D’Antoni was never going to be a defensive gatekeeper. Morey accepted that. But what he could do with the offense, with the numbers Morey believed in, was craft a special season. Same with Chris Paul. He is the best point guard of his generation. He is a leader. But he scatters bodies. He fatigues teammates with his perfectionism and need to point out wrongs. Great in Chris Paul’s case means never leading his team to the WCF so how great is he really? Particularly when he had Blake Griffin. Particularly when he choked a series away up 3-1 and the Rockets added to his playoff swoon.

Mike D’Antoni and Daryl Morey are kindred spirits. It has taken Morey a long time to find a coach that matches his basketball soul. Both have to demonstrate they care about defense, that scoring in the regular season can translate to scoring and defending in the post season. Houston gave up 109.6 points per game (26th). Teams shot 46.0% against them (23rd). The best thing they did was guard the three, they were 4th in the league. But they didn’t block shots and were an average defensive rebounding team. They need frontcourt help.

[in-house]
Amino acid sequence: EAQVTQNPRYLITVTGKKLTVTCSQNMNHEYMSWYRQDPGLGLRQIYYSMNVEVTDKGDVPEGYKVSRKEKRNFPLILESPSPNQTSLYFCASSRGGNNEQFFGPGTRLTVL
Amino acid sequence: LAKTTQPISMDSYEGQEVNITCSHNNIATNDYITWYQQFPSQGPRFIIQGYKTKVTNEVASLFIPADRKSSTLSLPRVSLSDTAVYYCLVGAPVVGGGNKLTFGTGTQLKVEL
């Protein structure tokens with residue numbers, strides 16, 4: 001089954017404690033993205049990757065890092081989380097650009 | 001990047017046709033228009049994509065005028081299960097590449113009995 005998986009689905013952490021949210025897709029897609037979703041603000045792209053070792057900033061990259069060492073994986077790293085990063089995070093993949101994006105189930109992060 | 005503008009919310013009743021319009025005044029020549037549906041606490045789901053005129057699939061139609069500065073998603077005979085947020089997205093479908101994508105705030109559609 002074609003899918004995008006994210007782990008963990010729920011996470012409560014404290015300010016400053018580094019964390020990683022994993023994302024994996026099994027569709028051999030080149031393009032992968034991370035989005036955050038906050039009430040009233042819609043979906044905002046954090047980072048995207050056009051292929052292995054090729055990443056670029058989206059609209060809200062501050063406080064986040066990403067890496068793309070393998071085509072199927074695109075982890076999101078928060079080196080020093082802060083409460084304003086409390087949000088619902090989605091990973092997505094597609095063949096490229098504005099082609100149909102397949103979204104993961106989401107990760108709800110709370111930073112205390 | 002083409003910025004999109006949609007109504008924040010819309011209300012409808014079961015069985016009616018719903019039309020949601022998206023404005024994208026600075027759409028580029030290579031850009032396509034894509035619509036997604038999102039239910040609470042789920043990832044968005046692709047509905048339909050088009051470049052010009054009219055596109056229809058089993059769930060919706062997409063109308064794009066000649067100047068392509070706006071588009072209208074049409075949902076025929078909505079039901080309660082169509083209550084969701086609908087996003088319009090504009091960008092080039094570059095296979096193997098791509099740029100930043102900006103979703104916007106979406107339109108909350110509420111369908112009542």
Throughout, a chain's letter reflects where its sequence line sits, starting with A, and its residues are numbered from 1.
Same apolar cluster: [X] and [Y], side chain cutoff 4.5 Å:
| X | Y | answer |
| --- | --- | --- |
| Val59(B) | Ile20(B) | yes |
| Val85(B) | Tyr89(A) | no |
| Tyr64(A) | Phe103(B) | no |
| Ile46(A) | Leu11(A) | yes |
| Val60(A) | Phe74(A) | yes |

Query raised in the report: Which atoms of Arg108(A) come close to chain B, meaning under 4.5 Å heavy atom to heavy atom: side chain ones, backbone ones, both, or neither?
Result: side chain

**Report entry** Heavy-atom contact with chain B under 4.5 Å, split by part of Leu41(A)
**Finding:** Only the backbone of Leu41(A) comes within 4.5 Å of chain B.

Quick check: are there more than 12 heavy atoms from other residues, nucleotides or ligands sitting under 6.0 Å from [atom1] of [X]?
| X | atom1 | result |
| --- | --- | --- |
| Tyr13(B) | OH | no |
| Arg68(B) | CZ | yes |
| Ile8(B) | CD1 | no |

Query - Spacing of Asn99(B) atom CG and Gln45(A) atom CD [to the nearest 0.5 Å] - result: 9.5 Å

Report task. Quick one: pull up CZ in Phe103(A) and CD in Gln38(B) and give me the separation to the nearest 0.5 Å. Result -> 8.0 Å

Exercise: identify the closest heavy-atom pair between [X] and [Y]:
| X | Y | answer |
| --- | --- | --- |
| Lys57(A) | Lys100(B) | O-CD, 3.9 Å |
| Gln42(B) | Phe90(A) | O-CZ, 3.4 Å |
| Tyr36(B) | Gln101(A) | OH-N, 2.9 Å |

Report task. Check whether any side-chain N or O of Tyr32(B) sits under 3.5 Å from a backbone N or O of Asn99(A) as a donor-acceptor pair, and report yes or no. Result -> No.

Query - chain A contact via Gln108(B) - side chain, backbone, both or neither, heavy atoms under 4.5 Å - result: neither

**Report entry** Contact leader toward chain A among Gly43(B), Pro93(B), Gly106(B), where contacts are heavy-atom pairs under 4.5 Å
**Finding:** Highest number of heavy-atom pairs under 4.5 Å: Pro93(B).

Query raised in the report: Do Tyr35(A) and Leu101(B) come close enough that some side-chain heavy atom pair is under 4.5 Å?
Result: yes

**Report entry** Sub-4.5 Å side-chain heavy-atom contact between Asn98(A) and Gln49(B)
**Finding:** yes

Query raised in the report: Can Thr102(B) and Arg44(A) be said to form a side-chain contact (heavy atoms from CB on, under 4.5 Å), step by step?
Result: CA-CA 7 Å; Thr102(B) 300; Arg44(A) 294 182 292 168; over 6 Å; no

But this still boggles the mind. For a math geek like Morey he must wonder why, as good as the Rockets were in 2016-17, securing a top four seed in the West, a tough thing to do with Harden turning into someone else, with an exciting game to watch, the Rockets were 21st in home attendance. Their games were 94% capacity while the other top seeds in the West, the Warriors (100.0% capacity), the Spurs (99.2% capacity) and the Clippers (100.1% capacity), have a passionate base willing to come to games on a nightly basis. The Rockets are envious.  In sheer numbers, the 76ers draw a bigger home crowd than the Rockets.

Chris Paul isn’t the type of talent that sells tickets. He is the type of talent that wins games and that sells tickets. But even on PTI Daryl Morey admitted this may be a one year and done Chris Paul deal.

The summer of 2018 is a year off. It may be a reset with Paul, LeBron James, Carmelo Anthony, Dwyane Wade, DeMarcus Cousins, Paul George and possibly Russell Westbrook available.

In other words, it will be Xmas in July in Houston for Daryl Morey.

 

photo via llananba